Wildlife Photographer: 'A Wild Mind Sounds Pretty Good to Me'
My daily rhythm is typically a solo wandering in a wild landscape with crisp air and clean dirt. I feel super lucky to be able to spend a lot of time in the backcountry having experiences with wild animals, setting up camera traps, and photographing the rhythms of an animal migration. I’m a loner, and my job fits that quality. However, a few times a year I feel the pull of an adventure with a bunch of friends, a revamp of sorts.
Over the years I’ve met a bunch of incredible people through my work and feel super lucky to call these talented storytellers and filmmakers my friends. For this assignment in particular, I called up my longtime friends Andy Maser and Hayden Kennedy, two dudes that are both incredible filmmakers and also rad company to keep.
I first met Andy back in 2009 when we were working on a project in the Flathead River Basin of British Columbia for the International League of Conservation Photographers. Along with Trip Jennings and Kyle Dickman, Andy made the film Flathead Wild, which was a wonderful project to be a part of, and began a great friendship.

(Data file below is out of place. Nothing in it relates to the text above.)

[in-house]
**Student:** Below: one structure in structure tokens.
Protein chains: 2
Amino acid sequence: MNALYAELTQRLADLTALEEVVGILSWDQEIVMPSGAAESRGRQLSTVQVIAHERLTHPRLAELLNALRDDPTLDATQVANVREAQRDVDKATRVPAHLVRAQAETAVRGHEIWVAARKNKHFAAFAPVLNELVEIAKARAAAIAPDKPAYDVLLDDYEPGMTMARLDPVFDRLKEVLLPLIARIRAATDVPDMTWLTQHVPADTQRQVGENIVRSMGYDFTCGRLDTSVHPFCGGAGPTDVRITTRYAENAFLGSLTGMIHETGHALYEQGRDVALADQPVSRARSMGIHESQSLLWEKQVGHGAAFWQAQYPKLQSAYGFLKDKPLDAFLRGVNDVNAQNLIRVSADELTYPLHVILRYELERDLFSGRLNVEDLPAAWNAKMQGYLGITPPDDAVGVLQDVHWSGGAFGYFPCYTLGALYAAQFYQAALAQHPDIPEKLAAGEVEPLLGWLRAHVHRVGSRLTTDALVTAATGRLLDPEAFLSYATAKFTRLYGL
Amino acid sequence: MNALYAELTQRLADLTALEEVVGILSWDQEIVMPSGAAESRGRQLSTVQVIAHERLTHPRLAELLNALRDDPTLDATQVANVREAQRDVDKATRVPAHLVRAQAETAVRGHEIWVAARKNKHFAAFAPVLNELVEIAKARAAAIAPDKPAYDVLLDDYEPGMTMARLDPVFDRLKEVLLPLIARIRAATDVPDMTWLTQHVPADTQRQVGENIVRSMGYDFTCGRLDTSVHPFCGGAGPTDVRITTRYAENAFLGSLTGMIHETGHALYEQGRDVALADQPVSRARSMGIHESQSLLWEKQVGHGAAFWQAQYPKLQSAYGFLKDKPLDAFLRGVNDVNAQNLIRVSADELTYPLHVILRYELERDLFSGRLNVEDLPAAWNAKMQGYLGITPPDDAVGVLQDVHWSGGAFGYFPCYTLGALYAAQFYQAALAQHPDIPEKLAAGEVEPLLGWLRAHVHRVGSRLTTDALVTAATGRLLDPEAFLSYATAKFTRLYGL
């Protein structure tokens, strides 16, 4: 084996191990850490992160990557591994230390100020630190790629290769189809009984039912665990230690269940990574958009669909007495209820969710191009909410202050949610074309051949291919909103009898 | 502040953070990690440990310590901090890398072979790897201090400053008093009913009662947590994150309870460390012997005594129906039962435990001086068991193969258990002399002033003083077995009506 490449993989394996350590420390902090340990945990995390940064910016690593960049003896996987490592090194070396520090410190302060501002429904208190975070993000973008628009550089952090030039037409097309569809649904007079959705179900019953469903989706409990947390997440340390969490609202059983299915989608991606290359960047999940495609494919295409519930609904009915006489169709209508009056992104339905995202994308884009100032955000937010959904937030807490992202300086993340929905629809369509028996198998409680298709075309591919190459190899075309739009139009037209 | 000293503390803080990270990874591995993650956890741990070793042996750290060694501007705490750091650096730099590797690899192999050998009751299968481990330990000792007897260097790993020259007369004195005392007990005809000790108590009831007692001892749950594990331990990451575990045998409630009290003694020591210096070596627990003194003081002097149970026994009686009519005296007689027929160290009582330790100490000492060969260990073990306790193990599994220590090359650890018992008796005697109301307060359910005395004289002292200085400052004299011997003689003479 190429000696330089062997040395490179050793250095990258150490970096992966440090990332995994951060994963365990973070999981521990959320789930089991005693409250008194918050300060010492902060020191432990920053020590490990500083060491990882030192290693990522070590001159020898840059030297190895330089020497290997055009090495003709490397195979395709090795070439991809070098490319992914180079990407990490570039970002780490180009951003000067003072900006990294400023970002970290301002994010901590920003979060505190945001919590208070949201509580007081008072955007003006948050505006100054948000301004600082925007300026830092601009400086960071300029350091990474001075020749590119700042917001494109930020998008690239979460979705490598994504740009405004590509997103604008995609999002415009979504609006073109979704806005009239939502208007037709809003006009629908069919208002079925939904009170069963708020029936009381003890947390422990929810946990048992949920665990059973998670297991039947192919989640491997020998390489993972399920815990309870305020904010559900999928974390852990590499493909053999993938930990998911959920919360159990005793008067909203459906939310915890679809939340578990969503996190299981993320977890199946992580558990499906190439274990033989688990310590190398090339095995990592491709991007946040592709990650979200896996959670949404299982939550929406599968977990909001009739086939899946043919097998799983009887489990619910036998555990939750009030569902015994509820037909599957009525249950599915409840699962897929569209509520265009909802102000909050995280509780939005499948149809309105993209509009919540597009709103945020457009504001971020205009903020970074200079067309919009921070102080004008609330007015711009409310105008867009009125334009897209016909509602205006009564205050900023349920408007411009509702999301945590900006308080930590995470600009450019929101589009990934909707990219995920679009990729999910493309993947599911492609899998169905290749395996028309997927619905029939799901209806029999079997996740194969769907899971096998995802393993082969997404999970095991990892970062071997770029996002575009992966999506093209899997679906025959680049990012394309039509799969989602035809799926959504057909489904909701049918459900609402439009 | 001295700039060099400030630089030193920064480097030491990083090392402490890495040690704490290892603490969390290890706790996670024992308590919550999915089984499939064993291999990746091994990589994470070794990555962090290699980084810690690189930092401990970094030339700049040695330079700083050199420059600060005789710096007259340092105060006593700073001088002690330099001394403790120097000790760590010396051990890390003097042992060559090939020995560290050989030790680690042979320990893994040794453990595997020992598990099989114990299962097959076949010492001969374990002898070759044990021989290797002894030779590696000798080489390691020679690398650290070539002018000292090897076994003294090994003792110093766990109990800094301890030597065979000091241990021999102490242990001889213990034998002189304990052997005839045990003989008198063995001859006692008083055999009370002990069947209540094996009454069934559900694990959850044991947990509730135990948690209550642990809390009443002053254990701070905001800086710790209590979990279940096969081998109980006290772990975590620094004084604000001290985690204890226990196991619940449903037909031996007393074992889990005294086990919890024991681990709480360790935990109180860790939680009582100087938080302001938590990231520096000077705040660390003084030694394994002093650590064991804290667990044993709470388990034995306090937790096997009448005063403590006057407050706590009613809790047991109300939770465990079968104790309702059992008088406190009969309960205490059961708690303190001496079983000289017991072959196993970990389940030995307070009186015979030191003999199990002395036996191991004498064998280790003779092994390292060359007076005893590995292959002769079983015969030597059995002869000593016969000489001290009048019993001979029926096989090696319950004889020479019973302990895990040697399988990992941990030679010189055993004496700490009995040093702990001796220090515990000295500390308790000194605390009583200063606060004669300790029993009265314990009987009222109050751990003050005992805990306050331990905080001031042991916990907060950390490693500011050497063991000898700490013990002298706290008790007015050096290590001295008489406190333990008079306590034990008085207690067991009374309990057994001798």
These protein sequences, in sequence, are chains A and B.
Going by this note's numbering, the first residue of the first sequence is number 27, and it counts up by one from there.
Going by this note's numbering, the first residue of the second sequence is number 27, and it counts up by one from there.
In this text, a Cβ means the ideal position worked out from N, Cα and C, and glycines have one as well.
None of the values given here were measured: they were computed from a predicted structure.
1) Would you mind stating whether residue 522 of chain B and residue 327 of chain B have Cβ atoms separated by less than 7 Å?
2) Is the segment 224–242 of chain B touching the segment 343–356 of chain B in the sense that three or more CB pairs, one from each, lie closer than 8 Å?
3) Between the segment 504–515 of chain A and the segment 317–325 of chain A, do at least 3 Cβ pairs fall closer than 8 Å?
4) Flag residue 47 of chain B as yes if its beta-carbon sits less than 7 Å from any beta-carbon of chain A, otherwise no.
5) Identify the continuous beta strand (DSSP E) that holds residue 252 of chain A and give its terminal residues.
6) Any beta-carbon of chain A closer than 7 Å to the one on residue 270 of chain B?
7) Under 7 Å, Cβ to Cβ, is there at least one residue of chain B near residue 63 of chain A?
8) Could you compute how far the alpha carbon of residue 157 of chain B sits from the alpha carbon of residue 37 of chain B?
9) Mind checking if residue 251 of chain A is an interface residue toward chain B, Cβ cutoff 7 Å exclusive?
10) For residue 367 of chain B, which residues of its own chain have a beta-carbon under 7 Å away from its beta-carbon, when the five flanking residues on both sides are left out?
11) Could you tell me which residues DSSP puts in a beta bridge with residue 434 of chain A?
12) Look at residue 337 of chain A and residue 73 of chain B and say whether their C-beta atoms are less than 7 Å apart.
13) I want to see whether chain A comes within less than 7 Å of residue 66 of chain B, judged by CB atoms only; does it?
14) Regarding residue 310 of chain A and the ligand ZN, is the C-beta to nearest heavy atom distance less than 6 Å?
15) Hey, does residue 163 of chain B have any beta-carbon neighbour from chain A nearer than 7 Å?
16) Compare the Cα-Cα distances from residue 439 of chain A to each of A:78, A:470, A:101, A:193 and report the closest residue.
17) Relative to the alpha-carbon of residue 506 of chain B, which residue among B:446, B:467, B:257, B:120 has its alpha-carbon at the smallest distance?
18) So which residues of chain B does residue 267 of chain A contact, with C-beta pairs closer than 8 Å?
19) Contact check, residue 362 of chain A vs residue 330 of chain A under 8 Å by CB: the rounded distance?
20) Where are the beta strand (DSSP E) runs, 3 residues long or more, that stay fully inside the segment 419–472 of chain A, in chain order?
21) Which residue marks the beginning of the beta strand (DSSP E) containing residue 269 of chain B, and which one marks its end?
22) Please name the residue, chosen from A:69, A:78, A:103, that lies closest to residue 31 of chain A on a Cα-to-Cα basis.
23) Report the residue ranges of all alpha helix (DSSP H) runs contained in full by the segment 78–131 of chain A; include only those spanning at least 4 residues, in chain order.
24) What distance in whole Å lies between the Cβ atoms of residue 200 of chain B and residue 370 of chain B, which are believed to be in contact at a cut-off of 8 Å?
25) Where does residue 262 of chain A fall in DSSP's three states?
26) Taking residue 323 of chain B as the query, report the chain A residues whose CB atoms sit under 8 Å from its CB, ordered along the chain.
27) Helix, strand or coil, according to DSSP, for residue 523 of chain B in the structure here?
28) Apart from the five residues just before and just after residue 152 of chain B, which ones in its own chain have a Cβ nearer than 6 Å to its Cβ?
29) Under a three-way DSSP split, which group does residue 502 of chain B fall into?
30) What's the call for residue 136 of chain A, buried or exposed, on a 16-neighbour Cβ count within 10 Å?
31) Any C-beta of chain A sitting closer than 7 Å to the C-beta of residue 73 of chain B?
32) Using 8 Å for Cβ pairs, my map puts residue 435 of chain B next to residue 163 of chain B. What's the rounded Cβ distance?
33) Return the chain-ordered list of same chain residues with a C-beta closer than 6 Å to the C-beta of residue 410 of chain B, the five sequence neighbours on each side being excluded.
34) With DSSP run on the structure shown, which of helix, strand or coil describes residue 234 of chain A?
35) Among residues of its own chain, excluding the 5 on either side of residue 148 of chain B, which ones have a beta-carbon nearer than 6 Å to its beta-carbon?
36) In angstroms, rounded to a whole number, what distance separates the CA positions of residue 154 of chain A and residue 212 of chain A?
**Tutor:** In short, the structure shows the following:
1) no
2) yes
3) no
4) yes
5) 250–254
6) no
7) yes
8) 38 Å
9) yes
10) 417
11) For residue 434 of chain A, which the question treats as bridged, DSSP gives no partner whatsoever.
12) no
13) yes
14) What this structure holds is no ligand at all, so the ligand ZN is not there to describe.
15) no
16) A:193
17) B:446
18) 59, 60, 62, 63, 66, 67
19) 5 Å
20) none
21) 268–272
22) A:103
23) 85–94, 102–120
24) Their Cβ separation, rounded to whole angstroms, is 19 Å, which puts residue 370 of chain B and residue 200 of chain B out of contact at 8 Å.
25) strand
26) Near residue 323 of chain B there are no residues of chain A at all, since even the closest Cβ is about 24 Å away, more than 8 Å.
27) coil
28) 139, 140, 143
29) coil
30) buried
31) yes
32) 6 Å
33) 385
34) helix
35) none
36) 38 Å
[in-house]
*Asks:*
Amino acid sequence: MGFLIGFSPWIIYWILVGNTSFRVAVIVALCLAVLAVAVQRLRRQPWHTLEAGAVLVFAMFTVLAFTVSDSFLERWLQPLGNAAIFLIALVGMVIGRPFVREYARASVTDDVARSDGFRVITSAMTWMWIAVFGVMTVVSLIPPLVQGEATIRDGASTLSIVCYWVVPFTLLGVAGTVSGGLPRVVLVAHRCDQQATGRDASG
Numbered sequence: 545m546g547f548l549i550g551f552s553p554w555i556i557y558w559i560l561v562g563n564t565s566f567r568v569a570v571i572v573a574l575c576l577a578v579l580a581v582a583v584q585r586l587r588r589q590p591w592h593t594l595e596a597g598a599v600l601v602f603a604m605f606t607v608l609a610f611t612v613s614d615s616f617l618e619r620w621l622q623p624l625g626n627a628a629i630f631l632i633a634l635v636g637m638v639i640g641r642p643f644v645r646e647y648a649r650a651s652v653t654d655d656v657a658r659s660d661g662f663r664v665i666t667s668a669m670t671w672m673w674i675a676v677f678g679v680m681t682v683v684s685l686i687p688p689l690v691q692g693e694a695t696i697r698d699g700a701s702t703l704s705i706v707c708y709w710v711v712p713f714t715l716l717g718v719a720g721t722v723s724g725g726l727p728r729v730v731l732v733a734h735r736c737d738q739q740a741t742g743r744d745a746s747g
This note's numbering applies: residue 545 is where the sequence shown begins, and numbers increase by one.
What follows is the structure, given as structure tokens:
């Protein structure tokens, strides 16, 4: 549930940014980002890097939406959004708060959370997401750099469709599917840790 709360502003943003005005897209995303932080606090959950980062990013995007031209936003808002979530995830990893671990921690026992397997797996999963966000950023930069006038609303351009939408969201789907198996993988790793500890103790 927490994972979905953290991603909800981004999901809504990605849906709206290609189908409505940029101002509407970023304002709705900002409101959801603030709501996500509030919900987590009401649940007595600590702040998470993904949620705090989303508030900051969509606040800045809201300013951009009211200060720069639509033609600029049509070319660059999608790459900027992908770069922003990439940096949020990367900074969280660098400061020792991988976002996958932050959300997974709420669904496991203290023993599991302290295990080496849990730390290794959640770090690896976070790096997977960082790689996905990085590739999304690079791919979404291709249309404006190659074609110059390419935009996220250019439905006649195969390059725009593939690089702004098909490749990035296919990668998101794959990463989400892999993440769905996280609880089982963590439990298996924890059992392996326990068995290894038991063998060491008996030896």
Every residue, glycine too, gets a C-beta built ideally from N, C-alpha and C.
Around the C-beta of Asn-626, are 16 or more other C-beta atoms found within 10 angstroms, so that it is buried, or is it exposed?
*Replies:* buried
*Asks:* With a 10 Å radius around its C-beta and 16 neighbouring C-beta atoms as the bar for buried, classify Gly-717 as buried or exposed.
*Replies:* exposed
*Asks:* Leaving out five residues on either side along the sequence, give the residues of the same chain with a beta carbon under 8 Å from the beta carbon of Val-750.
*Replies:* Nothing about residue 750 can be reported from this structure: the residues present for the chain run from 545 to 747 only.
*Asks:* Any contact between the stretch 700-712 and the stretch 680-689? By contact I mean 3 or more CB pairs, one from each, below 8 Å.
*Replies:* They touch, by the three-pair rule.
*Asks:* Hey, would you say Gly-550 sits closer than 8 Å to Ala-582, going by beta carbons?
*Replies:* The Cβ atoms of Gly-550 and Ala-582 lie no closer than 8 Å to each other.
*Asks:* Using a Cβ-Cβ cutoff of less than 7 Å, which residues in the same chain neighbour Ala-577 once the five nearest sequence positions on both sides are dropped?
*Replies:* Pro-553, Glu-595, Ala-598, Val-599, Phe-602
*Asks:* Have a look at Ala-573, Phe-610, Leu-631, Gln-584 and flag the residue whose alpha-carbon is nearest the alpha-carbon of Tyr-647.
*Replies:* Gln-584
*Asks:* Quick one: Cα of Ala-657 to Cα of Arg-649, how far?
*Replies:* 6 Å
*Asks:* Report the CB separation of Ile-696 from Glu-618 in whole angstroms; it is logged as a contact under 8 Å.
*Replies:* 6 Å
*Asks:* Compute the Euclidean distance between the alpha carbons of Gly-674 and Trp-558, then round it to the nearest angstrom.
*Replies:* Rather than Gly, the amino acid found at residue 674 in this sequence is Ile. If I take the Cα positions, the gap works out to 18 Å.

A few years later we met up to raft the Grand Canyon with 14 other friends, it was grand to say the least. Multi-day raft trips have a rhythm that is like no other—pure fun from my perspective. The slow and steady speed of a river, costume party vibes, and the thrill of big water. Earlier this month in July, I floated the Middle Fork of the Salmon River in Idaho, and that revamp happened.
I’m ready for the backwoods now, on the trail of the elk migration in Yellowstone through the end of summer and fall.
Next: Watch how Joe Riis sets up his camera traps to get incredible wildlife images.
The Adventurists blog series “Freedom to Move” is sponsored by Toyota TRD Pro, which provided a vehicle for this adventure.
- Nat Geo Expeditions